2021-07-21 9:27

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TUC Calls On Employers To Keep Their Staff Safe As Temperatures Set To Soar To 33 Degrees

The TUC has today (Tuesday 20th July) urged employers to make sure their staff are protected from the sun and heat, as the Met Office issues one of its new-style extreme amber heat weather warnings for the first time.

  • Met Office issues extreme heat weather warning for the first time 
  • Forecasters warn temperatures will continue to climb and could reach 33 degrees C (91.4F) in some parts of the country 
  • TUC calls on employers to make sure staff are protected from the sun and heat 

The TUC has today (Tuesday) urged employers to make sure their staff are protected from the sun and heat, as the Met Office issues one of its new-style extreme amber heat weather warnings for the first time. 

The amber warning covers parts of Wales, all of south-west England and parts of southern and central England and will be in place until Thursday (22 July), when temperatures are expected to peak. 

Health Warning 

Working in hot weather can lead to dehydration, tiredness, muscle cramps, rashes, fainting, and – in the most extreme cases – loss of consciousness. 

The TUC says employers can help their workers by:  

  • Allowing flexible working: Giving staff the chance to come in earlier or stay later will let them avoid the stifling and unpleasant conditions of the rush hour commute. Bosses should also consider enabling staff to work from home while it is hot.  
  • Keeping workplace buildings cool: Workplaces can be kept cooler and more bearable by taking simple steps such as opening windows, using fans, moving staff away from windows or sources of heat, or installing ventilation or air-cooling.  
  • Temporarily relaxing their workplace dress codes: Encouraging staff to work in more casual clothing than normal – leaving the jackets and ties at home – will help them keep cool.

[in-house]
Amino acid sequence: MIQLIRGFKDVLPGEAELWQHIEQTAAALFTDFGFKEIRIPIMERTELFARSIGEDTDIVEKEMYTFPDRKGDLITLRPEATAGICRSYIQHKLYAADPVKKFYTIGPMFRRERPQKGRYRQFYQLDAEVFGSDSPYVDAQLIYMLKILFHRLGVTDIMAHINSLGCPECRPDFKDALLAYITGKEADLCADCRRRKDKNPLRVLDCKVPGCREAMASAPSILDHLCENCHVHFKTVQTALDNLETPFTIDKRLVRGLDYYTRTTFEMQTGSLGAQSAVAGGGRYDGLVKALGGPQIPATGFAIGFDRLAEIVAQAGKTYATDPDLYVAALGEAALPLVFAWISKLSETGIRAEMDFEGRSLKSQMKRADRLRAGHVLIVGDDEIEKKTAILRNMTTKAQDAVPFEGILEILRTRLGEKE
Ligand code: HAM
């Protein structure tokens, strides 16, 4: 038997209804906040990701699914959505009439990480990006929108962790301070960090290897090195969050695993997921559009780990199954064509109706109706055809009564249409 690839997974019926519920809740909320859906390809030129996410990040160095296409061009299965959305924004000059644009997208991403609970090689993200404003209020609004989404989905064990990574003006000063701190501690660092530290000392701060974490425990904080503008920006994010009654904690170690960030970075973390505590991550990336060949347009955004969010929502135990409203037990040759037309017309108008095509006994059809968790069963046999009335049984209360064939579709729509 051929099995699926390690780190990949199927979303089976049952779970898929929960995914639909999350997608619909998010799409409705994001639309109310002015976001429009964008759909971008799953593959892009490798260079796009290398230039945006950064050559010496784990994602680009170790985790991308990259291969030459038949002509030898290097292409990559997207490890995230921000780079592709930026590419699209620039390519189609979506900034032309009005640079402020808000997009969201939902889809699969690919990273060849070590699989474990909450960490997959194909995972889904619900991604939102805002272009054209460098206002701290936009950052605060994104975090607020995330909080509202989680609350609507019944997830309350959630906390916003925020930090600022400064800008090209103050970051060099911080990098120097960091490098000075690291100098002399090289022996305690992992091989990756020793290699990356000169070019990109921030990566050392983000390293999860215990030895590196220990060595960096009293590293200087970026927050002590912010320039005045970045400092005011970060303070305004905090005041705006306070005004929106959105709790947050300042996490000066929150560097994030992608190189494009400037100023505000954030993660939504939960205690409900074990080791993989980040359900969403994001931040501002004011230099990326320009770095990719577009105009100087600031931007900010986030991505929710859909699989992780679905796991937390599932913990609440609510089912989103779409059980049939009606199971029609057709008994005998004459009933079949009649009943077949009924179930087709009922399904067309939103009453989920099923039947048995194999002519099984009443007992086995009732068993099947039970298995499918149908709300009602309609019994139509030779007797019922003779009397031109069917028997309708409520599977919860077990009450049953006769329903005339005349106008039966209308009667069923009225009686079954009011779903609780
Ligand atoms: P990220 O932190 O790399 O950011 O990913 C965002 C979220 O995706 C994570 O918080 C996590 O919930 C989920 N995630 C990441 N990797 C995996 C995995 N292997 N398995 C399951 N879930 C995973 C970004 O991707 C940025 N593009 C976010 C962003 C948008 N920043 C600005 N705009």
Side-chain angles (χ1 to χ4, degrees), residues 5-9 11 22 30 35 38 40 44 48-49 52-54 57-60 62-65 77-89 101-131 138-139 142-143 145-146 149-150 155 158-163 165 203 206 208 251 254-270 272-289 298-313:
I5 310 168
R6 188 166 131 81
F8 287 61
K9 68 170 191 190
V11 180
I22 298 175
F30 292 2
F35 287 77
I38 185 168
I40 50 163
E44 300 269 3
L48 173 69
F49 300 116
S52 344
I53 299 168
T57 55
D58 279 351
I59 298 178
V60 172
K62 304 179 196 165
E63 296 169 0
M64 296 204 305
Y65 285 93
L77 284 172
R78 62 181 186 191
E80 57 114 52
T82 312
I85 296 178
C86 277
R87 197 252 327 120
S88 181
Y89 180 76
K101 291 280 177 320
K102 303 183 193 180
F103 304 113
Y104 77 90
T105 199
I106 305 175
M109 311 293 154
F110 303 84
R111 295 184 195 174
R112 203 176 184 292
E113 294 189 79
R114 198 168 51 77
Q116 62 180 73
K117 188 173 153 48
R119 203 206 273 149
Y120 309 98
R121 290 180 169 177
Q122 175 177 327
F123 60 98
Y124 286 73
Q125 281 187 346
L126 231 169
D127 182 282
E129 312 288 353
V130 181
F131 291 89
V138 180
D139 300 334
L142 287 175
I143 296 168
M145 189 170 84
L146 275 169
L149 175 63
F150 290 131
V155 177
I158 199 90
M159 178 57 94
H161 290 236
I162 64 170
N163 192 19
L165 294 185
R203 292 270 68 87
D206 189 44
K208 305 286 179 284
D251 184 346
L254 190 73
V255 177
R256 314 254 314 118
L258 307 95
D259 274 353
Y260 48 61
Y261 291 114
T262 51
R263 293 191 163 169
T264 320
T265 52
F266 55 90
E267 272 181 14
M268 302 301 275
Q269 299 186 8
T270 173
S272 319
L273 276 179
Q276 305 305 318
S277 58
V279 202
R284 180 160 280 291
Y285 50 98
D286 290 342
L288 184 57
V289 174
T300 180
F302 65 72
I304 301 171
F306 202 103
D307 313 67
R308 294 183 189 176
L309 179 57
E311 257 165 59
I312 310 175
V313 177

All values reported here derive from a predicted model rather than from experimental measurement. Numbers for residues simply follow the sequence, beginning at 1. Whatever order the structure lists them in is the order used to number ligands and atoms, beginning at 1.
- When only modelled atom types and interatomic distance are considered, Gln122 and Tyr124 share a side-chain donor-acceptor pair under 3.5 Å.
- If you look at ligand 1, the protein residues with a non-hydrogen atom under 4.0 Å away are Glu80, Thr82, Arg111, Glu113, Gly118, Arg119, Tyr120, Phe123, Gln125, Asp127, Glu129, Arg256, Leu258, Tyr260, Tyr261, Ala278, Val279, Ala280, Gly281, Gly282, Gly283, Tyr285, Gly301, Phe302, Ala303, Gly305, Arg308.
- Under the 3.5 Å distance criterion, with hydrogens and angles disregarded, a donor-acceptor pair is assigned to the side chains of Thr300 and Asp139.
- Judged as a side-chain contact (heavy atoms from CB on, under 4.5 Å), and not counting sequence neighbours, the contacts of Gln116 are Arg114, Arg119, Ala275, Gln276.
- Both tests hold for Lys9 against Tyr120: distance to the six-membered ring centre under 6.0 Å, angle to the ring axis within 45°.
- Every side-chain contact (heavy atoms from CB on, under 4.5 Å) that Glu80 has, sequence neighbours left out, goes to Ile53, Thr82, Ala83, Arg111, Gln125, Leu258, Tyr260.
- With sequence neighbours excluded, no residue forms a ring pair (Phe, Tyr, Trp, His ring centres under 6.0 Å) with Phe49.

• Keeping staff comfortable: Allowing staff to take frequent breaks and providing a supply of cold drinks will all help keep workers cool.  
  • Talking and listening to staff and their union: Staff will have their own ideas about how best to cope with the excessive heat. 
  • Sensible hours and shaded areas for outdoor workers: Outside tasks should be scheduled for early morning and late afternoon, not between 11am-3pm when temperatures are highest. Bosses should provide canopies/shades where possible. 
  • Sun protection: Prolonged sun exposure can be dangerous for outdoor workers, so employers should make sun protection available. 

The Law Pic: TUC's heat petition - click to sign

There’s no law for minimum or maximum working temperatures. However, during working hours the temperature in all indoor workplaces must be ‘reasonable’. 

Guidance suggests a minimum of 16degC, or 13degC if employees are doing physical work. And employers have a duty to keep the temperature at a comfortable level and provide clean and fresh air. 

The TUC would like to see a change in the law so that employers must attempt to reduce temperatures if they get above 24degC and workers feel uncomfortable. And employers should also be obliged to provide sun protection and water for outdoor workers. 

The TUC would also like ministers to introduce a new maximum indoor temperature, set at 30degC – or 27degC for those doing strenuous jobs. 

TUC General Secretary Frances O’Grady said:

“We all love the summer sun. But working in sweltering conditions in a baking shop or stifling office can be unbearable and dangerous. Indoor workplaces should be kept cool, with relaxed dress codes and flexible working to make use of the coolest hours of the day. 

And bosses must make sure outdoor workers are protected with regular breaks, lots of fluids, plenty of sunscreen and the right protective clothing.” 

The TUC is also asking employers to consider additional needs that may arise in hot weather from coronavirus health and safety requirements. Frances O’Grady added: 

“It’s even more important to use PPE safely in this hot weather. Staff will need extra breaks to cool down if their equipment reduces ventilation. And while many offices have air conditioning, few people have it in their homes. Lots of staff are still working from home, so they may struggle to work during the hottest parts of the day. Employers should allow flexible hours so people can work when it’s cooler.” 

We need change  

The TUC would like to see a change in the law so that employers must attempt to reduce temperatures if they get above 24degC and workers feel uncomfortable. And employers should also be obliged to provide sun protection and water for outdoor workers. 

The TUC would also like ministers to introduce a new maximum temperature, set at 30degC – or 27degC for those doing strenuous jobs. We need an absolute maximum working temperature to keep people safe from the risks associated with excessive heat and sun exposure.

Show your support by siging the TUC petition here

Source: TUC


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